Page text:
“Plant-based”, “extinction”, and “flight shame” were all shortlisted to be crowned Oxford Dictionaries 2019 word of the year, but amongst this all-environmental semantic shortlist, “climate emergency” came out on top. Lexicographers define it as “a situation in which urgent action is required to reduce or halt climate change and avoid potentially irreversible environmental damage resulting from it” and have noted that usage of the term has increased by a hundredfold since the previous year.
It marks a new extension to the word “emergency”, escalated by the media to convey a better sense of urgency. Indeed, back in May of last year, The Guardian announced its favouring of “climate emergency” over “climate change” to better reflect the scientific consensus that this was “a catastrophe for humanity”.
An environmental narrative has been baked into our contemporary vernacular and it shows no sign of subsiding. It follows on from Collins Dictionary’s 2018 word of the year, “single-use” (in reference to plastic), emphasising our collective preoccupation with the environment has triggered a growing politicised vocabulary.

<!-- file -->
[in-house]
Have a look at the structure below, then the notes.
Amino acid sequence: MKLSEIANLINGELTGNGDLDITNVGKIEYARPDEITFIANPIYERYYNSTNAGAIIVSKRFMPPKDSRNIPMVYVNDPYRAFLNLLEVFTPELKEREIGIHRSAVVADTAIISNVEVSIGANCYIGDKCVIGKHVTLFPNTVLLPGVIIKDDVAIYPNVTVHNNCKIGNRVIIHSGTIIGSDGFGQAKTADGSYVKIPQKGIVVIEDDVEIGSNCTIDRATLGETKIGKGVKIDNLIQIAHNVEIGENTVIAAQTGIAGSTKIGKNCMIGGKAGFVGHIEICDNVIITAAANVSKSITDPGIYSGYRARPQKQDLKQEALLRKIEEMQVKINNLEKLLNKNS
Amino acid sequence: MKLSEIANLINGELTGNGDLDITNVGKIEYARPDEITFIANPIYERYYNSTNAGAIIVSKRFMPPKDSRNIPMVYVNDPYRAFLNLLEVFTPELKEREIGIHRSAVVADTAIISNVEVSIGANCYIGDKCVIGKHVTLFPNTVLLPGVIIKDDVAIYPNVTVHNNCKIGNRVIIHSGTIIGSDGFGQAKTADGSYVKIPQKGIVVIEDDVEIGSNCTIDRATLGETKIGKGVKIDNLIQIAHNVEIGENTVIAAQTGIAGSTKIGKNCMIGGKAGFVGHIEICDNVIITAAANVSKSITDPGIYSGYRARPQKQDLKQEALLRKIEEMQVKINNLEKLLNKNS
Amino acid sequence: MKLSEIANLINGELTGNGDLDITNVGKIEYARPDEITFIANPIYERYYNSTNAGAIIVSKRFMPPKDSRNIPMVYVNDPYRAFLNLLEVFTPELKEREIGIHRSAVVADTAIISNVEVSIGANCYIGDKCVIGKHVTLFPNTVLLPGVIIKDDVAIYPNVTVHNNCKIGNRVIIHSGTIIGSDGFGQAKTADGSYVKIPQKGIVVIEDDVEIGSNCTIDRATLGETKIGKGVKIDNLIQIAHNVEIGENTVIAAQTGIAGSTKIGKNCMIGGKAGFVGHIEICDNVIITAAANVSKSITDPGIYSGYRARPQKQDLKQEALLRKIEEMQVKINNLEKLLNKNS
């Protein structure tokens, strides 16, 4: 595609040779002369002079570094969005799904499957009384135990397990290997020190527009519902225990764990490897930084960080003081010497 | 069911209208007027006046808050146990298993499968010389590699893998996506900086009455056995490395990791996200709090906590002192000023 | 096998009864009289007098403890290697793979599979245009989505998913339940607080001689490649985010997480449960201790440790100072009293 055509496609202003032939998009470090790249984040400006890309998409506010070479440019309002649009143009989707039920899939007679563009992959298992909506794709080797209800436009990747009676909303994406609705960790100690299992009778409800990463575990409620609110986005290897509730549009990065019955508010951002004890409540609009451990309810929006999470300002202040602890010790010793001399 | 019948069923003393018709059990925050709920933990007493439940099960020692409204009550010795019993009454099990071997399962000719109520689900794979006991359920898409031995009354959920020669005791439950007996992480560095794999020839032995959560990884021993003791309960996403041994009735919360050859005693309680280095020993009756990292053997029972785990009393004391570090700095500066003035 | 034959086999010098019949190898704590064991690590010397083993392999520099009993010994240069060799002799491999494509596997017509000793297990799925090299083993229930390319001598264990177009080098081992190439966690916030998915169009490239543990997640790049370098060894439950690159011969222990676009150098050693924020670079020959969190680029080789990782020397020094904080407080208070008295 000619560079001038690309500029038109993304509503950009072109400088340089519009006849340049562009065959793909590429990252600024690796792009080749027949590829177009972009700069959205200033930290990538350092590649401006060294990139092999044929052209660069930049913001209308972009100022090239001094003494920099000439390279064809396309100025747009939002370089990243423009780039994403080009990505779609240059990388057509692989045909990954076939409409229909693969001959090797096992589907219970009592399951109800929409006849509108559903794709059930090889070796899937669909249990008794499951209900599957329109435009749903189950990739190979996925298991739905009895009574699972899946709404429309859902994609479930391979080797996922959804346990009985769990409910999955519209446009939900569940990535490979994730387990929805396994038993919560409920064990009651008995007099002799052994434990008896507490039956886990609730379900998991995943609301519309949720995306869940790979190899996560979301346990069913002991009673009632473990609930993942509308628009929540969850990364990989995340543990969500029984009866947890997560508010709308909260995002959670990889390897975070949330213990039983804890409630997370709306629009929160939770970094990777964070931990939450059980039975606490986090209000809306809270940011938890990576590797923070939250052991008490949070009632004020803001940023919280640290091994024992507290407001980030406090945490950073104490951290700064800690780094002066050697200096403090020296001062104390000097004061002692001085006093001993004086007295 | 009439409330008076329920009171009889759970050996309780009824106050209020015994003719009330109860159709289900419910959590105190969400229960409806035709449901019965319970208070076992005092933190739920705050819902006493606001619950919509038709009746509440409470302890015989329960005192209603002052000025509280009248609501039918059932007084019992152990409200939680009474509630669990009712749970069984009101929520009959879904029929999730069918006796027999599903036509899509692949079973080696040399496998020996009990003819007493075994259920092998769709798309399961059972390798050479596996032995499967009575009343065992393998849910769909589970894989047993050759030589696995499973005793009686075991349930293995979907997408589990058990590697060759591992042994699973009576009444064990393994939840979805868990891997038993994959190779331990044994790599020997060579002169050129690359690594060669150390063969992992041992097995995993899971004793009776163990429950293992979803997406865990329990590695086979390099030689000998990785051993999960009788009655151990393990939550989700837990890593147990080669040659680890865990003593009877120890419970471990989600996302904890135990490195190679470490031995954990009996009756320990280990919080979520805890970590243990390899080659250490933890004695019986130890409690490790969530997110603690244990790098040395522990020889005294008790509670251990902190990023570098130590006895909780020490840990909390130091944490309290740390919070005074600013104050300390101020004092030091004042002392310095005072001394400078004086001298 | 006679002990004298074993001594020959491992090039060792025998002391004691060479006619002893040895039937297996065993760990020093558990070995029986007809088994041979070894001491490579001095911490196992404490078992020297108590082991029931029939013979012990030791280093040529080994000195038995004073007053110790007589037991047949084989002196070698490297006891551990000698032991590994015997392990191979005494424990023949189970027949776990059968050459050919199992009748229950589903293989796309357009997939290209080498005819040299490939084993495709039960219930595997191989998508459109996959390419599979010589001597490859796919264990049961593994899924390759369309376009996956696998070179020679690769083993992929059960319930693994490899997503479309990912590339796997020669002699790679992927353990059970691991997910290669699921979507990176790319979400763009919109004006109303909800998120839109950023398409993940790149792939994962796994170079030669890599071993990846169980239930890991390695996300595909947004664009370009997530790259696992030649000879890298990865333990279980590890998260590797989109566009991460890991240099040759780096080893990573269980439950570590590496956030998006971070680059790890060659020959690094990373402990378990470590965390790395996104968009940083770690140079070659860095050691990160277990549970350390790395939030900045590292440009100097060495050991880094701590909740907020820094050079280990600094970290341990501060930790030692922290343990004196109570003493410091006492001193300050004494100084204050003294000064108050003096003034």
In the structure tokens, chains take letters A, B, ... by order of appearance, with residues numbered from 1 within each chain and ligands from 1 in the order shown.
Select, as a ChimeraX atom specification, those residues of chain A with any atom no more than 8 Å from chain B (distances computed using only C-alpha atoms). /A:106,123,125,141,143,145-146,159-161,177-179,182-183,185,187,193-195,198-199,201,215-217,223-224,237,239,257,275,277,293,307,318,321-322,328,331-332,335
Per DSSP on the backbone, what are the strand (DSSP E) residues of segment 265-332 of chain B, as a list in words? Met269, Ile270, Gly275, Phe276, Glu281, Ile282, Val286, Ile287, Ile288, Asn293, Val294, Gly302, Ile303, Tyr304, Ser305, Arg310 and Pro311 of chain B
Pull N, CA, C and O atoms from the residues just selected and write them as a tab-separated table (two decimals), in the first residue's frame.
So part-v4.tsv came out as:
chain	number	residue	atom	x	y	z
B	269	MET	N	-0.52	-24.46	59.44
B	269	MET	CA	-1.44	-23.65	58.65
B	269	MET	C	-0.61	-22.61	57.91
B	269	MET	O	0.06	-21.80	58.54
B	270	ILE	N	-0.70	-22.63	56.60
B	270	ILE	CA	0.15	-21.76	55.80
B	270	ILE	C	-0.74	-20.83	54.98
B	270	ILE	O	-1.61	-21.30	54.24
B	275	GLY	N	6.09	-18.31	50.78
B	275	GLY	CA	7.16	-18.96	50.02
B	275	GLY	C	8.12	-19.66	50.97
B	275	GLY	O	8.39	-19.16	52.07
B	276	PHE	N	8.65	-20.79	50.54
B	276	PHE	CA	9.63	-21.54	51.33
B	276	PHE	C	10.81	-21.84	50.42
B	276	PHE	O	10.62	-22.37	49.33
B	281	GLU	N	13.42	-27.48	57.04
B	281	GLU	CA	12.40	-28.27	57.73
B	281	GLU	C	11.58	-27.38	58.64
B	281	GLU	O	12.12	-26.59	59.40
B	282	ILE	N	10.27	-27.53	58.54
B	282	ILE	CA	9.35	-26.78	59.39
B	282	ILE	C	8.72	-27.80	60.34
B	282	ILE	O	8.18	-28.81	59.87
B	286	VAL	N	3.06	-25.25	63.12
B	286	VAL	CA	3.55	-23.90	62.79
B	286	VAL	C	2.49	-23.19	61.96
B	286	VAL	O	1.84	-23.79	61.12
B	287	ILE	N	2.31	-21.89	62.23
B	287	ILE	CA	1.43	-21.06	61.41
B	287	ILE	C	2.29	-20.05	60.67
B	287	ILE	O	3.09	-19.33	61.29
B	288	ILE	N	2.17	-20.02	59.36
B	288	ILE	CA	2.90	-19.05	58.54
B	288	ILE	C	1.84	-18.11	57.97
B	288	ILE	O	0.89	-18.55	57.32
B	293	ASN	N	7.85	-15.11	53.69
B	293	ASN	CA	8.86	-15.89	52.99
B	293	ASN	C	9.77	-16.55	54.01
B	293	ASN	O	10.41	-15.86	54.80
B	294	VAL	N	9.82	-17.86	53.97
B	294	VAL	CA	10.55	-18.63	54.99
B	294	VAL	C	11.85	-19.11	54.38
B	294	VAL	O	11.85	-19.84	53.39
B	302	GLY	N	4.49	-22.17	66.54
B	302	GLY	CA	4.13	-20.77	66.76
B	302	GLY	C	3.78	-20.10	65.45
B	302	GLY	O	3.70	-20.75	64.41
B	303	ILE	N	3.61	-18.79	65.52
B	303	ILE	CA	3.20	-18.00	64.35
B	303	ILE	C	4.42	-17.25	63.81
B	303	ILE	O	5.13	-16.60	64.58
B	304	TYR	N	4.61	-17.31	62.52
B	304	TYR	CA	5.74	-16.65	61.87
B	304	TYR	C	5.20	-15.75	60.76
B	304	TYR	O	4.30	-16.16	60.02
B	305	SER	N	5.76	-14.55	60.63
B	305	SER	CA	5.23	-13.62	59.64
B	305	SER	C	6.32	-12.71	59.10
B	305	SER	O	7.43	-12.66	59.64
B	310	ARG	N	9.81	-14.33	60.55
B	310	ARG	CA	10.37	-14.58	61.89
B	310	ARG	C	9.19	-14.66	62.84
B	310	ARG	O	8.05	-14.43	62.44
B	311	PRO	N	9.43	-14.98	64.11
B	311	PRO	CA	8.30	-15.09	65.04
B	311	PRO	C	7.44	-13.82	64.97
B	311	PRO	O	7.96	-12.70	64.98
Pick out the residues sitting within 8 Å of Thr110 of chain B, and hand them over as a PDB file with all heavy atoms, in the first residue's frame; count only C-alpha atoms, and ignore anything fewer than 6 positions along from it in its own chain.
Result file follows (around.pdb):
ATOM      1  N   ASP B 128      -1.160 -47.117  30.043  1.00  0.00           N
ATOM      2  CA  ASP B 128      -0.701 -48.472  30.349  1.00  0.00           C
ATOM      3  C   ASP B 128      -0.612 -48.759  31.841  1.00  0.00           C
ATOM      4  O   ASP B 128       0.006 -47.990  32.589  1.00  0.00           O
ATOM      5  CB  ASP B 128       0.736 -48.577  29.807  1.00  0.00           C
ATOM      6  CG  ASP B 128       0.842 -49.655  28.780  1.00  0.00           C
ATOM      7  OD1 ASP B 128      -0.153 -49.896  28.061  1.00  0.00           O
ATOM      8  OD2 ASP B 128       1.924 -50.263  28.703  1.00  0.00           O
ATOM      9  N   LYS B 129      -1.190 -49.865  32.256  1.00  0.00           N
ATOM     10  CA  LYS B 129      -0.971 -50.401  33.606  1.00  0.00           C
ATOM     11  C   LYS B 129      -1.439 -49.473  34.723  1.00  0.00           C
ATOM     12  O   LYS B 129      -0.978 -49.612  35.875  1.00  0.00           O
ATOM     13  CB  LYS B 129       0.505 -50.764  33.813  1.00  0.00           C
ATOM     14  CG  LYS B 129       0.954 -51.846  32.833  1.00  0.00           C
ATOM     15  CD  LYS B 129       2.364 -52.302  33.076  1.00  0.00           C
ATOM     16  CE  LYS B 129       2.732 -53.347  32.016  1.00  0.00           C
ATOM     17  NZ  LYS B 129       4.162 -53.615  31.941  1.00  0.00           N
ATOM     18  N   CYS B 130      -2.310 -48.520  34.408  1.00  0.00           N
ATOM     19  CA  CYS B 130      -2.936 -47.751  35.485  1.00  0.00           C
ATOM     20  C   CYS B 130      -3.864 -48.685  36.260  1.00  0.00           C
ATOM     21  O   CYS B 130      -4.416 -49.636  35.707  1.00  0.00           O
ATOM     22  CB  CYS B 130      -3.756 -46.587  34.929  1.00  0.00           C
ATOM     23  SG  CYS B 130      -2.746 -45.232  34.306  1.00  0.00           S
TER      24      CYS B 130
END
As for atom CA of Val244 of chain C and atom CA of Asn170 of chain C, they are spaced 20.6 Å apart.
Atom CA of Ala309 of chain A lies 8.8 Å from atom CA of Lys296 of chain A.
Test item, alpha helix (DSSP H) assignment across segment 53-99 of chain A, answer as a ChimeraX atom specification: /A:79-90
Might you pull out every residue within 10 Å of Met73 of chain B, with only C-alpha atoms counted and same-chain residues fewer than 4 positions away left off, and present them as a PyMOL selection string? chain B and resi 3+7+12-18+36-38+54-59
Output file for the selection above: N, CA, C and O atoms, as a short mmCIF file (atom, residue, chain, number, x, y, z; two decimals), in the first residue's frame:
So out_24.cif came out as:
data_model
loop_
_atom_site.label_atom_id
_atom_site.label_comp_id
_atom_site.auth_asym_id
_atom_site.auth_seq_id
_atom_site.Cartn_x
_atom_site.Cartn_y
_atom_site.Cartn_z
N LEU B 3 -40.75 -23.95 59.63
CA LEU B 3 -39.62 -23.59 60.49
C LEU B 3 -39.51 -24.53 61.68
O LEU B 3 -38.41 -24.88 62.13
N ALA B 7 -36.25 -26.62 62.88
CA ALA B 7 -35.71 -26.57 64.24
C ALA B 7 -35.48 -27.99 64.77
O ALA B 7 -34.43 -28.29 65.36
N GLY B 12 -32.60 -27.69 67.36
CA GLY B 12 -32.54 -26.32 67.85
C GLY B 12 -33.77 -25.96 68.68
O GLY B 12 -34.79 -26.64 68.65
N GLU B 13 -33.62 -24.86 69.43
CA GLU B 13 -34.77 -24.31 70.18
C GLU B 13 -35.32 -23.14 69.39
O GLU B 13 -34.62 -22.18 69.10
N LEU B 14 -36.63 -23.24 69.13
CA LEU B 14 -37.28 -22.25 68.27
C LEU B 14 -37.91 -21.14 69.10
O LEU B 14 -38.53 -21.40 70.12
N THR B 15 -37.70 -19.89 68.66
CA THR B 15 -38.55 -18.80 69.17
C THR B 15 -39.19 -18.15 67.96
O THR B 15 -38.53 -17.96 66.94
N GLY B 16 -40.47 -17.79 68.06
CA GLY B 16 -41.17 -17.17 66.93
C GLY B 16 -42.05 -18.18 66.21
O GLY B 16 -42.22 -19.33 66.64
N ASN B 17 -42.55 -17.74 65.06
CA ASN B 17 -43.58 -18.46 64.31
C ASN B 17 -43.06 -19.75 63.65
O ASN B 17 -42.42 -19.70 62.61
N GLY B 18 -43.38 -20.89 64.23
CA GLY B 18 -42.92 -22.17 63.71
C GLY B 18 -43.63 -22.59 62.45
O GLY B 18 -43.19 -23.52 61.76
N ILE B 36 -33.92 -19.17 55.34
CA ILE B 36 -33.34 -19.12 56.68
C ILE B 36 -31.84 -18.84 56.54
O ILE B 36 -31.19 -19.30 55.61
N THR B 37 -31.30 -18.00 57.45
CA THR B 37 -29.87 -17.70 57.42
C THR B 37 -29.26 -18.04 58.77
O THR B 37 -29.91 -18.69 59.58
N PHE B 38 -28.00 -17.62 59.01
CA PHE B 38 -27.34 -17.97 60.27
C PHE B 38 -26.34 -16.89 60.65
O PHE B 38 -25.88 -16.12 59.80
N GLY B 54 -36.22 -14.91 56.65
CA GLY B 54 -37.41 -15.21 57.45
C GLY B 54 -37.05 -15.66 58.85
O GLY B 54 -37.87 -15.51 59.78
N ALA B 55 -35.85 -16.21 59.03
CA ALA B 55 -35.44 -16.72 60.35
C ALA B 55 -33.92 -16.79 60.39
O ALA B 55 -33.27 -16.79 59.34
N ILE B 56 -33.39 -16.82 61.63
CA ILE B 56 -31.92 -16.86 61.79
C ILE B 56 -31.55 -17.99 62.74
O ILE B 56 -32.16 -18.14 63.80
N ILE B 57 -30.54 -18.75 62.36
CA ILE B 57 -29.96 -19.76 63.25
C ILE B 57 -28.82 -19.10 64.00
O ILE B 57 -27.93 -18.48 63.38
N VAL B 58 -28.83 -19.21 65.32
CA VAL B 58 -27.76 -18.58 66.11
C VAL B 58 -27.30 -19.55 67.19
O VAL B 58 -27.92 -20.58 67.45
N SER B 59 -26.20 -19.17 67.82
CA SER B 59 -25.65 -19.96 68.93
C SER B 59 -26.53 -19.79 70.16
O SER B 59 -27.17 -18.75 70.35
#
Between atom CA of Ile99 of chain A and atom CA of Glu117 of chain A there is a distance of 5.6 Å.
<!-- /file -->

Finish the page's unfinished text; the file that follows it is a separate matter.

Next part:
But our language is mutating not only politically but also generationally, with millennial-coined words such as “whatevs”, “chillax” and even “nomophobia” (the fear of not having your phone – perhaps the most millennial of maladies!) finding their place within the Oxford English Dictionary last year. And whilst the former two seem a little late to the party, these additions highlight the patchwork nature of our language.
Of the 605 words added to the OED in 2019, 203 of these appeared for the first time and the rest being sub-entries. Many of which are borrowed, cut up and added, all stitched in to our dialect with newer, zeitgeisty meanings. It shows how we pick up and drop these cultural trends in words with the loyalty of an infant.
As always, with the announcement of new additions to the dictionary, linguistic snobbery rears its ugly head, preaching the desecration of our sacred language. Many may remember Jacob Rees-Mogg’s controversial anachronistic language rules enforced in parliament earlier last year. Yet, as we have seen with these divisive new additions, language is now evolutionary rather than prescriptive. Colloquialisms and coinages are nothing new; even the Victorians deployed some low-brow vernacular, not to mention that some of the greatest writers of our time are those who have actively flouted the archaic rules of the English language.
The willingness that the authorities of the English language show by continually trying to integrate modernity into the lexicon acknowledges that language offers not only a semantic reflection of the way we live, but also of how times are constantly changing, and to overlook this would be careless. Thoughtless. Slapdash. Or should I say… lackadaisical.